The third Lubavitcher Rebbe, the Tzemach Tzedek, once said: “The last day of Pesach is known as Acharon Shel Pesach, the ‘Final Day of Pesach.’ This day marks the conclusion of the theme begun on the first day of Pesach.

“We celebrate the first night of Pesach in order to commemorate the first redemption, when G‑d liberated us from Egyptian exile through Moshe, the first redeemer. However, this was only the beginning. On Acharon Shel Pesach we celebrate the final Redemption from the final exile, which G‑d will bring about through our Righteous Mashiach....”1

The relationship of Acharon Shel Pesach to the final Redemption is also apparent from the Haftorah recited on that day,2 which describes in detail the promises that will be fulfilled at the time of the final Redemption.

It is also known3 that the Baal Shem Tov was accustomed to partake of three festive meals on Acharon Shel Pesach, the final meal being called “the Feast of Mashiach,” for Acharon Shel Pesach isilluminated by a ray of the light of Mashiach.

What, indeed, is the difference between the first and final redemptions, celebrated respectively on the first and final days of Pesach?

With regard to the exodus from Egypt, Scripture states, “...for the people had fled;”4 the Jewish people had to flee the evil and impurity of Egypt, as “the evil in [their] souls was still in its strength.”5

Regarding the final Redemption, however, the Prophet states, “You will not depart in haste”; i.e., there6 will be no need to flee in haste inasmuch as evil and impurity will then cease to exist. This is in keeping with the verse which states that at the time of the final Redemption, “I will cause the spirit of impurity to depart from the world.”7

Furthermore, during the time of the final Redemption, evil will not only cease to exist, it will actually be transformed into good. This is stated in the Haftorah of Acharon Shel Pesach:“The nursing child will stretch out his hand over the viper”;8 i.e., even the viperous evil inclination will be transformed into goodness. And an anticipatory glimmer of this era may be sensed on Acharon Shel Pesach.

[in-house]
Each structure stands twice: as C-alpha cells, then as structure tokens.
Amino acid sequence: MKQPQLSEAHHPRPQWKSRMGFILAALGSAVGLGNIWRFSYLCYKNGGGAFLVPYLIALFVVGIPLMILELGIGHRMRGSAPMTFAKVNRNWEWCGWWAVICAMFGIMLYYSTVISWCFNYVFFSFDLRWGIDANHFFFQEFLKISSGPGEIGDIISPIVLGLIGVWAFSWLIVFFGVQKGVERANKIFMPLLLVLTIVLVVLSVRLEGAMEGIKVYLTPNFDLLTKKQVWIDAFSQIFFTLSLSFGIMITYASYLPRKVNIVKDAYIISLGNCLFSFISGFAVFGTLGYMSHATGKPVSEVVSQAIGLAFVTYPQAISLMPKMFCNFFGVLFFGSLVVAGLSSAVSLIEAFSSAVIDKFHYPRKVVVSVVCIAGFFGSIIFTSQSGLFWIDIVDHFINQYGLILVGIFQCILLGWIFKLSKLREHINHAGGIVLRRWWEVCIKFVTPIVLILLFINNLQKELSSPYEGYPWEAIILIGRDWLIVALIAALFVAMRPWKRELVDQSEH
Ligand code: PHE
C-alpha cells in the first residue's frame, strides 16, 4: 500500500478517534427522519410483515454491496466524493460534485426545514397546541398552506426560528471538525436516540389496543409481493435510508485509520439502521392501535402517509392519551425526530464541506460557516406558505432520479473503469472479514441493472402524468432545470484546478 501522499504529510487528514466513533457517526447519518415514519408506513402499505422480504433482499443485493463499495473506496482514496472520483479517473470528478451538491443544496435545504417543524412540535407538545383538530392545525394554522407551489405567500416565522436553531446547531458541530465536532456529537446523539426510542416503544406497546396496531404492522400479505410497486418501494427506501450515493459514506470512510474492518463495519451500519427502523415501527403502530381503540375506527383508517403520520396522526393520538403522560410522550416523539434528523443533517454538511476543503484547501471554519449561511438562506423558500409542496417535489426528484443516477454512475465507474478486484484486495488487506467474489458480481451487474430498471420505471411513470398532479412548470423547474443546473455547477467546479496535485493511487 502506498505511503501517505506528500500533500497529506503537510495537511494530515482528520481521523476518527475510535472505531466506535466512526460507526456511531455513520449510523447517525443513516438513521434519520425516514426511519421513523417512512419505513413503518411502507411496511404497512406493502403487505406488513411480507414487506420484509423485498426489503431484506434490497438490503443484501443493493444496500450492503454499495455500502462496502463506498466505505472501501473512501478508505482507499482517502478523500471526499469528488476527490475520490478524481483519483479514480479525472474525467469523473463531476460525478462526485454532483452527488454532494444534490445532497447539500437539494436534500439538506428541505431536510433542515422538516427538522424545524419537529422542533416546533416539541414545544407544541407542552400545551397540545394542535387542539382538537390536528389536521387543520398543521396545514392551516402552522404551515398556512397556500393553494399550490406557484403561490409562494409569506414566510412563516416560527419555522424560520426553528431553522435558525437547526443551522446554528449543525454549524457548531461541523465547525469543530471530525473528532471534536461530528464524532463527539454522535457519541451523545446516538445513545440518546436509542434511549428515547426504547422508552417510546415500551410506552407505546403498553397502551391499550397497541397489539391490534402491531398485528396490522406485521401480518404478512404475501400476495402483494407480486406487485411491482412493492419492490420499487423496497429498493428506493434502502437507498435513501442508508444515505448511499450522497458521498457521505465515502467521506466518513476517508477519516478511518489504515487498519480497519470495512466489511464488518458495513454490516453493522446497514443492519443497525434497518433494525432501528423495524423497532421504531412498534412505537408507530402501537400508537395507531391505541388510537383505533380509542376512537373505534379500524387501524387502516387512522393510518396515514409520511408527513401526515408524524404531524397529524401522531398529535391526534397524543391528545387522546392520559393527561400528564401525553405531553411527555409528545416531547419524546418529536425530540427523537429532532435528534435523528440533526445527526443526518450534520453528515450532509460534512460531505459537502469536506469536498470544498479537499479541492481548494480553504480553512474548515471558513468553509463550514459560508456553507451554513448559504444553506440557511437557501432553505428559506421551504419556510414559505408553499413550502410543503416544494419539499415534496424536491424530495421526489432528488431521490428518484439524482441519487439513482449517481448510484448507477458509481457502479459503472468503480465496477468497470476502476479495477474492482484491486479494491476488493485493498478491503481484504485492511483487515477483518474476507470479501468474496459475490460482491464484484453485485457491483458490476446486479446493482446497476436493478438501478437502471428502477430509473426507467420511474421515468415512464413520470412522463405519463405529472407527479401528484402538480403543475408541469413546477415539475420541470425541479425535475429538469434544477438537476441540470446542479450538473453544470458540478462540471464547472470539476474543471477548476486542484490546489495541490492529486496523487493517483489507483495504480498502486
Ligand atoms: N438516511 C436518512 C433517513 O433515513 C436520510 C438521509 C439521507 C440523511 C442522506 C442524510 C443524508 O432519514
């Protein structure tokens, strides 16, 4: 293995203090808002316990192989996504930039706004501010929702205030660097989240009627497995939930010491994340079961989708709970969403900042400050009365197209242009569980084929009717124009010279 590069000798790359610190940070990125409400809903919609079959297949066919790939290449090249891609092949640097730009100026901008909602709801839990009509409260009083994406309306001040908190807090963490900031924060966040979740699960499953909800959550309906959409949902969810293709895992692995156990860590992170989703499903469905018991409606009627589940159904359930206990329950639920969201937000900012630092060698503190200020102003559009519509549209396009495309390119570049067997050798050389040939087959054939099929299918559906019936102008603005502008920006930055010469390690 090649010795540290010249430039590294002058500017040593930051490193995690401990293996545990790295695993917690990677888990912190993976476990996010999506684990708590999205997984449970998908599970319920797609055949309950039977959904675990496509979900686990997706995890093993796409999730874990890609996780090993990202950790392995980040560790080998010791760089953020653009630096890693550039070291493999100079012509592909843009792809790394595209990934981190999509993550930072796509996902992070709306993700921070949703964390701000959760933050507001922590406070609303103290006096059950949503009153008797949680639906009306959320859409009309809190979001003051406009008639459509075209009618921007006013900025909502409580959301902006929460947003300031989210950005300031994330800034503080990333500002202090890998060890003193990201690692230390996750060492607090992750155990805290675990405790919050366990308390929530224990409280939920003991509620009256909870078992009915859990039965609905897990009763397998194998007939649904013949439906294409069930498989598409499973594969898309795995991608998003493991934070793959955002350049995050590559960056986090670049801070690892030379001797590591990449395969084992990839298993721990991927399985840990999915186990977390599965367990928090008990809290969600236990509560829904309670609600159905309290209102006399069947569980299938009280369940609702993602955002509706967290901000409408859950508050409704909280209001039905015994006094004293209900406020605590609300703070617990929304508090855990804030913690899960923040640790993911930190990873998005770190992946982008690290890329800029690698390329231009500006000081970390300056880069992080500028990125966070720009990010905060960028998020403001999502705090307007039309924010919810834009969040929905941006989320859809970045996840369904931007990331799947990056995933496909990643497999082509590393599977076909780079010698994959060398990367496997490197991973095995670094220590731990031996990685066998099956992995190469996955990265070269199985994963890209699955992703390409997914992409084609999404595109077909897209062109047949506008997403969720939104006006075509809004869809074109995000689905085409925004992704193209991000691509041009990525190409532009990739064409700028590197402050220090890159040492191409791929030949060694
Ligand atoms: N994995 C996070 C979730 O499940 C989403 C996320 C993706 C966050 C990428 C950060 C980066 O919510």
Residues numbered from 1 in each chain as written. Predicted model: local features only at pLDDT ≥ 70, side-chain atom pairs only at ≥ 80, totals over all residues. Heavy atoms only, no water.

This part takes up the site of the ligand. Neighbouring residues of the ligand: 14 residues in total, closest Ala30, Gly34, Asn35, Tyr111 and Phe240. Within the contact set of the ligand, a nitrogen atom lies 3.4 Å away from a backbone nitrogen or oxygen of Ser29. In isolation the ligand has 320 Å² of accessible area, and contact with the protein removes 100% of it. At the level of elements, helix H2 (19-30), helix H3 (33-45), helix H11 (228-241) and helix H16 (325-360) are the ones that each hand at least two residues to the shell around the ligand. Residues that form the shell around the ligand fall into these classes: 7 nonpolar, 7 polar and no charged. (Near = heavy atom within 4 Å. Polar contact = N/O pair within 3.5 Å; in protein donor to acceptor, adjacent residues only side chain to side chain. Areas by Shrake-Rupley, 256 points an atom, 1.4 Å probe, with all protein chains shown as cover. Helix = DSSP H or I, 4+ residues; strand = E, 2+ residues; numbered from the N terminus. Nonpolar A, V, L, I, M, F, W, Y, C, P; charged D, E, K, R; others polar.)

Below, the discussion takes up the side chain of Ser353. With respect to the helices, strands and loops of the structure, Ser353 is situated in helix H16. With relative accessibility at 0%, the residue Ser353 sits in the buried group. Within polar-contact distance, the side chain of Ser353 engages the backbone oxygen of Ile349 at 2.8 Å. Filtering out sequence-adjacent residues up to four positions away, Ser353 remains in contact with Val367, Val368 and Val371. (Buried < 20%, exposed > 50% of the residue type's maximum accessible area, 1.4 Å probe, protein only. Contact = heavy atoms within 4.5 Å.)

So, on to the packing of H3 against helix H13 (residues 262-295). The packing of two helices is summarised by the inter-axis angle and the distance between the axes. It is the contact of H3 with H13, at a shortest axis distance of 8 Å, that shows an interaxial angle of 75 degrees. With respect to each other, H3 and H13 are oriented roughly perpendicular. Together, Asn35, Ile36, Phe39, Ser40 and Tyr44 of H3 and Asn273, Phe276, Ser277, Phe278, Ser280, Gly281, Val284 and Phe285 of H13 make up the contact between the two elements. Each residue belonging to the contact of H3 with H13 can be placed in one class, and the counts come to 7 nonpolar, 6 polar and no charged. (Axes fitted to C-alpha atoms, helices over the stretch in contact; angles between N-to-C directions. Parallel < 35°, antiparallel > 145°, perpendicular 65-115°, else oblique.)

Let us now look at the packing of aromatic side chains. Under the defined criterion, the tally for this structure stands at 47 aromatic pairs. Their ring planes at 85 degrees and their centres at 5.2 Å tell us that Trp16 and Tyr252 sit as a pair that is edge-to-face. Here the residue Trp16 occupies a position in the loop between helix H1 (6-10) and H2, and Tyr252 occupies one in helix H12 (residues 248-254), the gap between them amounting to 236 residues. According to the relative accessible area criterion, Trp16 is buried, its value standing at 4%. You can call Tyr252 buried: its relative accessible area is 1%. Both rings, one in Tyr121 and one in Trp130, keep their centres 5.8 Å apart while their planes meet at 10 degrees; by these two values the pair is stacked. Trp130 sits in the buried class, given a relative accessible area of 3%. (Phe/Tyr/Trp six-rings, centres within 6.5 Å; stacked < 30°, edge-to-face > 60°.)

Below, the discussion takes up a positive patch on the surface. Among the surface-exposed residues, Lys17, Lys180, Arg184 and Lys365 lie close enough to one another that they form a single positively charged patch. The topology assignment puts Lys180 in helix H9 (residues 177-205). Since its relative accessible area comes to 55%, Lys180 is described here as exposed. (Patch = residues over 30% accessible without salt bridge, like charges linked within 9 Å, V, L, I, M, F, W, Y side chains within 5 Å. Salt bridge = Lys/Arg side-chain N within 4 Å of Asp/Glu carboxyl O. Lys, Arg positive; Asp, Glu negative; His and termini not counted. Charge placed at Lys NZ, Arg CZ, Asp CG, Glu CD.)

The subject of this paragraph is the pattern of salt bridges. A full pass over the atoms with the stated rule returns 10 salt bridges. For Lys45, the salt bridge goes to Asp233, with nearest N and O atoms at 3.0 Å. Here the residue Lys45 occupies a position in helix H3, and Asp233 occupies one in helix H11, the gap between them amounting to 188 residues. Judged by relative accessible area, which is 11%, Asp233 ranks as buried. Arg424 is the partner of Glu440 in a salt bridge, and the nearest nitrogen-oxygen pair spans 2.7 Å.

In a more general sense, this is also the difference between the first two and last two festive days of Pesach: the first two days are related to the first redemption, while the last two days — including the Seventh Day — are connected with the forthcoming Redemption.

The latter parallelism finds expression in the fact that the unholy Egyptians met their complete annihilation — “not a single one remained”9 — during the Seventh Day of Pesach, at the time the Jews crossed the Sea of Reeds This foreshadows the eradication of evil that will take place during the final Redemption.

There are other similarities as well. Concerning the time of the final Redemption, Scripture10 states: “And I shall pour forth My Spirit upon all flesh (including ‘servants and handmaidens’11 ) and they shall speak prophecy....” Indeed, at the time of the crossing of the Red Sea, “A handmaiden beheld at the sea that which was not revealed even to the prophets.”12

Additionally, just as at the time of the final Redemption evil and darkness shall be transformed into goodness and light — “the night shall be as bright as the day”13 — so, too, with regard to the events that took place at the time of the crossing of the Red Sea. For at that time, “there was the cloud and darkness [for the Egyptians], yet it illuminated the night [for Israel]”14 — the very darkness was transformed into light.

Based on Likkutei Sichos, Vol. XXII,pp. 34-37.